Blam­ing Trump for deficits misses their ‘in­ven­tor’ — Obama.

Blam­ing Don­ald Trump for deficits misses their ‘in­ven­tor,’ Barack Obama

The Washington Times Daily - - FRONT PAGE - By Stephen Moore

There is an old say­ing that you can’t teach an old dog new tricks, and we’ve learned that again with the Con­gres­sional Bud­get Of­fice and its lat­est highly mis­lead­ing fis­cal fore­cast.

For years, we’ve been try­ing to get the CBO to use real-world scor­ing that re­flects how busi­nesses, work­ers and fi­nan­cial mar­kets re­act to changes in tax rates. But no go.

This is why the left is hav­ing a field day with the CBO fore­cast that deficits un­der Pres­i­dent Trump will av­er­age a tril­lion dol­lars a year for the next decade. This is sup­posed to be a re­sult of Mr. Trump’s tax cuts, but hold on here. Take a look at the nearby chart. It shows the deficit fore­cast with and with­out the tax cuts. They are ef­fec­tively the same.

Mr. Trump didn’t cre­ate $1 tril­lion deficits, he in­her­ited them from the grand mae­stro of debt spend­ing, Barack Obama. Pres­i­dent Obama in­vented and then per­fected the con­cept of 13-digit bor­row­ing. His deficits in his first term reached $1.5 tril­lion — an Olympic record of fis­cal reck­less­ness.

Is there any­thing more hyp­o­crit­i­cal than lib­er­als, who sup­ported Mr. Obama’s poli­cies that ran the debt from about $11 tril­lion to al­most $20 tril­lion, now faint­ing over

The fan­tas­ti­cal claim of the CBO is that the econ­omy will grow by only 1.9 per­cent an­nual growth for the next decade.

run­away deficit spend­ing? Yes, Chuck Schumer, there is gam­bling go­ing on here at this casino.

The CBO says that the deficit will be about $1.5 tril­lion higher be­cause of pol­icy changes. Al­most 40 per­cent of that is the in­ex­cus­able om­nibus spend­ing bill — a bi­par­ti­san raid of the fed­eral cookie jar.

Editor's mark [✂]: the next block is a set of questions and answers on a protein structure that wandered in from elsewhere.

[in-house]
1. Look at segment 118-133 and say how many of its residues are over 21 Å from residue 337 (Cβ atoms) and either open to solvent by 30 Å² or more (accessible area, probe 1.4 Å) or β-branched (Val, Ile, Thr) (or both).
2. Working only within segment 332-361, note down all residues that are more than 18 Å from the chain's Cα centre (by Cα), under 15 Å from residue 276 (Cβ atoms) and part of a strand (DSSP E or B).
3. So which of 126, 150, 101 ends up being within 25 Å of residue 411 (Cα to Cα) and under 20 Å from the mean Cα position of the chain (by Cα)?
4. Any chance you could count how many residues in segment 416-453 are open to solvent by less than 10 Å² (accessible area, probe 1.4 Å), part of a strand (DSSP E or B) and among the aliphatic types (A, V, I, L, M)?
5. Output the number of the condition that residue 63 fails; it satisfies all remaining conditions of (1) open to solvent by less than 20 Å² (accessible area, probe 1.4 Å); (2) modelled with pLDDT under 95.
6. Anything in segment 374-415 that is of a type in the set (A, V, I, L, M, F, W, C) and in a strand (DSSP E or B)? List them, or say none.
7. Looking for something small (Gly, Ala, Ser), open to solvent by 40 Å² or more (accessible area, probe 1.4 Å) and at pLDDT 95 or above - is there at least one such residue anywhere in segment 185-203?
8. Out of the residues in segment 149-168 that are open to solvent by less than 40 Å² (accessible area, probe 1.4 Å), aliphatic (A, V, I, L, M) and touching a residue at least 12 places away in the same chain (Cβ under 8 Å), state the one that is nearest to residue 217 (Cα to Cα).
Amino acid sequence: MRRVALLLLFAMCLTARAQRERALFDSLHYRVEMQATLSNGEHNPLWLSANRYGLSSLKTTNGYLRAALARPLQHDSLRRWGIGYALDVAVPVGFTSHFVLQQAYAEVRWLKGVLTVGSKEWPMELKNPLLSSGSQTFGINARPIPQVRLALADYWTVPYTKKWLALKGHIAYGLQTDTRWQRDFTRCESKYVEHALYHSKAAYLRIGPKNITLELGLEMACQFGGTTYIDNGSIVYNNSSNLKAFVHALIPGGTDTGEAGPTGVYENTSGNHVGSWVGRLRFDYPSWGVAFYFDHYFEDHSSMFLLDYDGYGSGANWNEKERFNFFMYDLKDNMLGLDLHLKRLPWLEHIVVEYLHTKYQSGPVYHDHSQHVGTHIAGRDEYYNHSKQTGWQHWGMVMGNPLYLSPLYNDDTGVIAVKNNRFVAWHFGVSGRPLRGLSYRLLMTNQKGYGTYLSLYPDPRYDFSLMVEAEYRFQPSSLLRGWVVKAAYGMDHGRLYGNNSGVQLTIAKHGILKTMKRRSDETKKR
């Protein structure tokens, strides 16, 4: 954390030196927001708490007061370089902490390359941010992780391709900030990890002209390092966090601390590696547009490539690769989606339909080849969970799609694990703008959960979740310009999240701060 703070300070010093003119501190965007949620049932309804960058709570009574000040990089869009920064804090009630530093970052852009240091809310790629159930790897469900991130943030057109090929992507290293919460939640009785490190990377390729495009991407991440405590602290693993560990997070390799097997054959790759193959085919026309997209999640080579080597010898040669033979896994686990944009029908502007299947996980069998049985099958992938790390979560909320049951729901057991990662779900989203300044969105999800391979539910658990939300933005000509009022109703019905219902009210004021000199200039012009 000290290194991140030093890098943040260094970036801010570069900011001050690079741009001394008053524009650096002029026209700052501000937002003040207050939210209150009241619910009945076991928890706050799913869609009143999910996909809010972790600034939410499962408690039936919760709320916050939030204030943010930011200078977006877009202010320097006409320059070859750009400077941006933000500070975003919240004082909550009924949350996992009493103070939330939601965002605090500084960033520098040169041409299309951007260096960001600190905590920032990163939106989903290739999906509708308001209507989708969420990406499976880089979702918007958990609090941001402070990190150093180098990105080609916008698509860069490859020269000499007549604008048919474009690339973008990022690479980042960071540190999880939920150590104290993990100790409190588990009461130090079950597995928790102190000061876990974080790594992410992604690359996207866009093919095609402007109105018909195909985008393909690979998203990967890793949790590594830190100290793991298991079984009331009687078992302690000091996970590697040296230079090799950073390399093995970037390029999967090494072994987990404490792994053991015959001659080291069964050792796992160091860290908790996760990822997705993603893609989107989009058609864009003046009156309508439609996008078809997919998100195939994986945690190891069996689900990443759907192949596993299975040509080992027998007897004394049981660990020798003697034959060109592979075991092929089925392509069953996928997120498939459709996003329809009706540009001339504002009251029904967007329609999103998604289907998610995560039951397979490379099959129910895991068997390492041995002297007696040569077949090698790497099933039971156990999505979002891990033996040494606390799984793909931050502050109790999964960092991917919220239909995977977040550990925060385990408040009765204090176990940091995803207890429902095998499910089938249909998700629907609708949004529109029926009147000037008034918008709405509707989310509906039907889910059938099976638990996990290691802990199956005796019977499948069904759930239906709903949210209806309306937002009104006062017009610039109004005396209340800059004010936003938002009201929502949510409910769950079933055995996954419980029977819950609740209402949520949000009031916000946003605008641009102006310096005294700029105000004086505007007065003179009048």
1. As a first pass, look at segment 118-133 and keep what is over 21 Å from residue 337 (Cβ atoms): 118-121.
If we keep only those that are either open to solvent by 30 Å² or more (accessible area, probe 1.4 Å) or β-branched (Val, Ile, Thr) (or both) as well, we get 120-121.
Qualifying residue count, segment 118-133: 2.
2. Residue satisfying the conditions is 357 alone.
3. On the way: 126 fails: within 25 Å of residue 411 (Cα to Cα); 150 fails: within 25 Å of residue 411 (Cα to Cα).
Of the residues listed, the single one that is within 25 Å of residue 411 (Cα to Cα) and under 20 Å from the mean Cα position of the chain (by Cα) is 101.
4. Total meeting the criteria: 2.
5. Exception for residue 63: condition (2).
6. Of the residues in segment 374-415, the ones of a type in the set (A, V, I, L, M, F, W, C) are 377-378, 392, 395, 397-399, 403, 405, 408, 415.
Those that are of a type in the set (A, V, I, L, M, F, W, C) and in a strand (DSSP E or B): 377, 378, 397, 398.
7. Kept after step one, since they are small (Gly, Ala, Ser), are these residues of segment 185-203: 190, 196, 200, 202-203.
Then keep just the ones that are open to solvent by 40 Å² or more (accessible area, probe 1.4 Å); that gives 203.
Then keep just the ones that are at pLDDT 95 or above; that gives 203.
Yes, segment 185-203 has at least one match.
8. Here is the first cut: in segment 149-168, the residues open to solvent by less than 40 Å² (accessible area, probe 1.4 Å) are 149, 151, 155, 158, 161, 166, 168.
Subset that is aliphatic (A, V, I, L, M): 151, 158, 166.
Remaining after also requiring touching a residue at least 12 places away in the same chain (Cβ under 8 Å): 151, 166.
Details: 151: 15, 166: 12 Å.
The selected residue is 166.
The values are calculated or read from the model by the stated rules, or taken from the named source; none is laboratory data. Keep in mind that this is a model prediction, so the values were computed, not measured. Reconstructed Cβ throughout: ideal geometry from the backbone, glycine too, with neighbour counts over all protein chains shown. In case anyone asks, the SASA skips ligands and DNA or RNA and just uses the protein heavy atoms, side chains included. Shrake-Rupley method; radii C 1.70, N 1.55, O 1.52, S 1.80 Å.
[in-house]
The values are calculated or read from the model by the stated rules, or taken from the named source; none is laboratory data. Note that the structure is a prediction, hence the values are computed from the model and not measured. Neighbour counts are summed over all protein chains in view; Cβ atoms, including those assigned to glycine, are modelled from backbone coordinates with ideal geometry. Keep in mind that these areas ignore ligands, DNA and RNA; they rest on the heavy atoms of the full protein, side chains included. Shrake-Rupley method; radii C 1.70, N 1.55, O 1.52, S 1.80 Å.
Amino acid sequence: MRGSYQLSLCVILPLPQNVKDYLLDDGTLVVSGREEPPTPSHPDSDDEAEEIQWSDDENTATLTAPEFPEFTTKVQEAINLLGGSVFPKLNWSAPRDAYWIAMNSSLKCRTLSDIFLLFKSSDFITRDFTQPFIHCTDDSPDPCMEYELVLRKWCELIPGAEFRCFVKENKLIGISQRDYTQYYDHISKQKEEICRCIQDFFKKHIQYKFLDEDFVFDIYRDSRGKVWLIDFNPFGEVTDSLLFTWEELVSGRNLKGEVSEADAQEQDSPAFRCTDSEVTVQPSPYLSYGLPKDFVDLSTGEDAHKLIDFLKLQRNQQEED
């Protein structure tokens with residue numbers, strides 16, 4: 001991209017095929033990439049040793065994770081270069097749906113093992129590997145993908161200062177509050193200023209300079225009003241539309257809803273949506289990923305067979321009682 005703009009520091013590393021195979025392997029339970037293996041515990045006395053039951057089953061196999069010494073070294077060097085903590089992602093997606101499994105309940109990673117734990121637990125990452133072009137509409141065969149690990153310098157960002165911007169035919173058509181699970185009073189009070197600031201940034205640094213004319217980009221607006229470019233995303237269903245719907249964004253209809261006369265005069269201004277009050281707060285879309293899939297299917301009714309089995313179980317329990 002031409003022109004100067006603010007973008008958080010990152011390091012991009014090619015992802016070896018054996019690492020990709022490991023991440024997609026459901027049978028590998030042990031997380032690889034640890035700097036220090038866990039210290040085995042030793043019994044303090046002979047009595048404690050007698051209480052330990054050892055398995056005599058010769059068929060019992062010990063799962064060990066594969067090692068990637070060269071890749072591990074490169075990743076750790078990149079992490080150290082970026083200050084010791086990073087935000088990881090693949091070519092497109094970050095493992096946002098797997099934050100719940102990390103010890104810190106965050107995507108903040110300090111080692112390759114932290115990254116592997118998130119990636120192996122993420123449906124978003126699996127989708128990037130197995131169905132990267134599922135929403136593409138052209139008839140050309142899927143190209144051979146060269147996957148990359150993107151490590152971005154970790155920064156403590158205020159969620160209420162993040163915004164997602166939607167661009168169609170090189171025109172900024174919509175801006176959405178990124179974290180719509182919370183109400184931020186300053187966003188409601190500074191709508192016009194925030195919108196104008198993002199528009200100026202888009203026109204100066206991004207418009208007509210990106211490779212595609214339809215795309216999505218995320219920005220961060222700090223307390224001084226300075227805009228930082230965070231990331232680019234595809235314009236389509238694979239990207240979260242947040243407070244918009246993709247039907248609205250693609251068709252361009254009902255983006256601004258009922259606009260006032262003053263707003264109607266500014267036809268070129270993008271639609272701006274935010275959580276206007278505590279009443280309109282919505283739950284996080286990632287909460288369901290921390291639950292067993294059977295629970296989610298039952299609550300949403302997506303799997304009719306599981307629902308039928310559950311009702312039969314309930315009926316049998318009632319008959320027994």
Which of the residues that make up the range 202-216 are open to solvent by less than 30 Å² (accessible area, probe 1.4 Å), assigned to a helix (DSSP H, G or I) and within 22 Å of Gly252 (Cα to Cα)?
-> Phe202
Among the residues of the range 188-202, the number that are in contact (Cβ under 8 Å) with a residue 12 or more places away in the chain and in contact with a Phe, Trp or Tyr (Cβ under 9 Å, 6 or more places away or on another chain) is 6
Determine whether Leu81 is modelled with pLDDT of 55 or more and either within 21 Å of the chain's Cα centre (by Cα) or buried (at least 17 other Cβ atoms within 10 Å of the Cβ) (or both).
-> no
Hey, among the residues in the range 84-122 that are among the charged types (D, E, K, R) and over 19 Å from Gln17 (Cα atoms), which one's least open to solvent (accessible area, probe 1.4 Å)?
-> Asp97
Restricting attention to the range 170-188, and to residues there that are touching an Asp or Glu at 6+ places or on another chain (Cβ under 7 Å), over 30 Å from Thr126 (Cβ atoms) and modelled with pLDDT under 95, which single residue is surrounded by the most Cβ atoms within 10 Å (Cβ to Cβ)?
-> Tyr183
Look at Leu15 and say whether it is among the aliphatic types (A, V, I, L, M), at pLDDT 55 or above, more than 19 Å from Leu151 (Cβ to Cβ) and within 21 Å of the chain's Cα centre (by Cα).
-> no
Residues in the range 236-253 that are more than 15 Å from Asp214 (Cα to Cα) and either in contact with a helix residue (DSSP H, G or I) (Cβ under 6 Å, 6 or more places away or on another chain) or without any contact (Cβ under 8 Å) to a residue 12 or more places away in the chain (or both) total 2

About $1 tril­lion of the higher bor­row­ing over 10 years is due to the tax cut. By the way, this is the low­est es­ti­mate for the “cost” of the tax cut, we’ve seen. That $1 tril­lion rev­enue loss is out of al­most $40 tril­lion of ex­pected rev­enue. That’s a 2.5 per­cent tax cut — which is hardly the fire hose of lost rev­enue that is be­ing de­picted.

At the very least we can dis­pense with the hy­per-in­flated rhetoric of $3, $4 and $5 tril­lion debt in­creases due to the tax cut — that are thrown around in the me­dia from lib­eral in­ter­est groups.

The fan­tas­ti­cal claim of the CBO is that the econ­omy will grow by only 1.9 per­cent an­nual growth for the next decade. (This is up a smidgeon from its 1.8 per­cent pre­dic­tion at the start of the Trump pres­i­dency.) To be fair, CBO’s growth es­ti­mate is in line with most of the Blue Chip fore­cast­ers as well.

That pre­dic­tion makes no sense. GDP growth av­er­aged 1.95 per­cent an­nu­ally un­der Mr. Obama — and nearly ev­ery­thing he did on the econ­omy was anti-growth.

Now we have a pres­i­dent who is cut­ting tax rates, chop­ping down reg­u­la­tions, pro­mot­ing mas­sive new en­ergy and min­eral de­vel­op­ment, re­form­ing wel­fare to get peo­ple into the work­force, re­design­ing trade pol­icy to get bet­ter deals for Amer­i­can com­pa­nies and prod­ucts — and this is go­ing to only give us the measly rate of growth we had un­der Mr. Obama?

No. The core prin­ci­ple of Trumpo­nomics is to at­tain at least 3 per­cent growth. Ev­ery pol­icy is fo­cused like a laser beam on that goal. It’s not a shot to the moon. The av­er­age growth rate of the U.S. econ­omy for the past cen­tury is about 3.3 per­cent.

In a re­cent eco­nomic anal­y­sis, Rob Arnott, founder of Re­search Af­fil­i­ates, and I re­cal­cu­lated the CBO numbers and plugged in 3 per­cent growth, not 1.9 per­cent growth.

Guess what? The debt to GDP ra­tio goes down, down, down ev­ery year. In­stead of a hor­rific debt to GDP ra­tio of 150 per­cent in 20 years, that ra­tio ac­tu­ally falls to about 50 per­cent — very man­agable.

With long-term growth of GDP of 3 per­cent all the en­ti­tle­ment deficits be­gin to dis­ap­pear as well. This is be­cause tax rev­enues over­whelm spend­ing over time with 3 per­cent GDP growth. It’s called the power of com­pound in­ter­est.

The point here is that CBO’s creaky com­puter mod­els be­gin with the firm con­vic­tion that Trumpo­nomics won’t work and then … sur­prise, it cranks out a con­clu­sion that Mr. Trump’s poli­cies won’t work. This is what passes for rig­or­ous anal­y­sis these days.

Wel­come to la la land.

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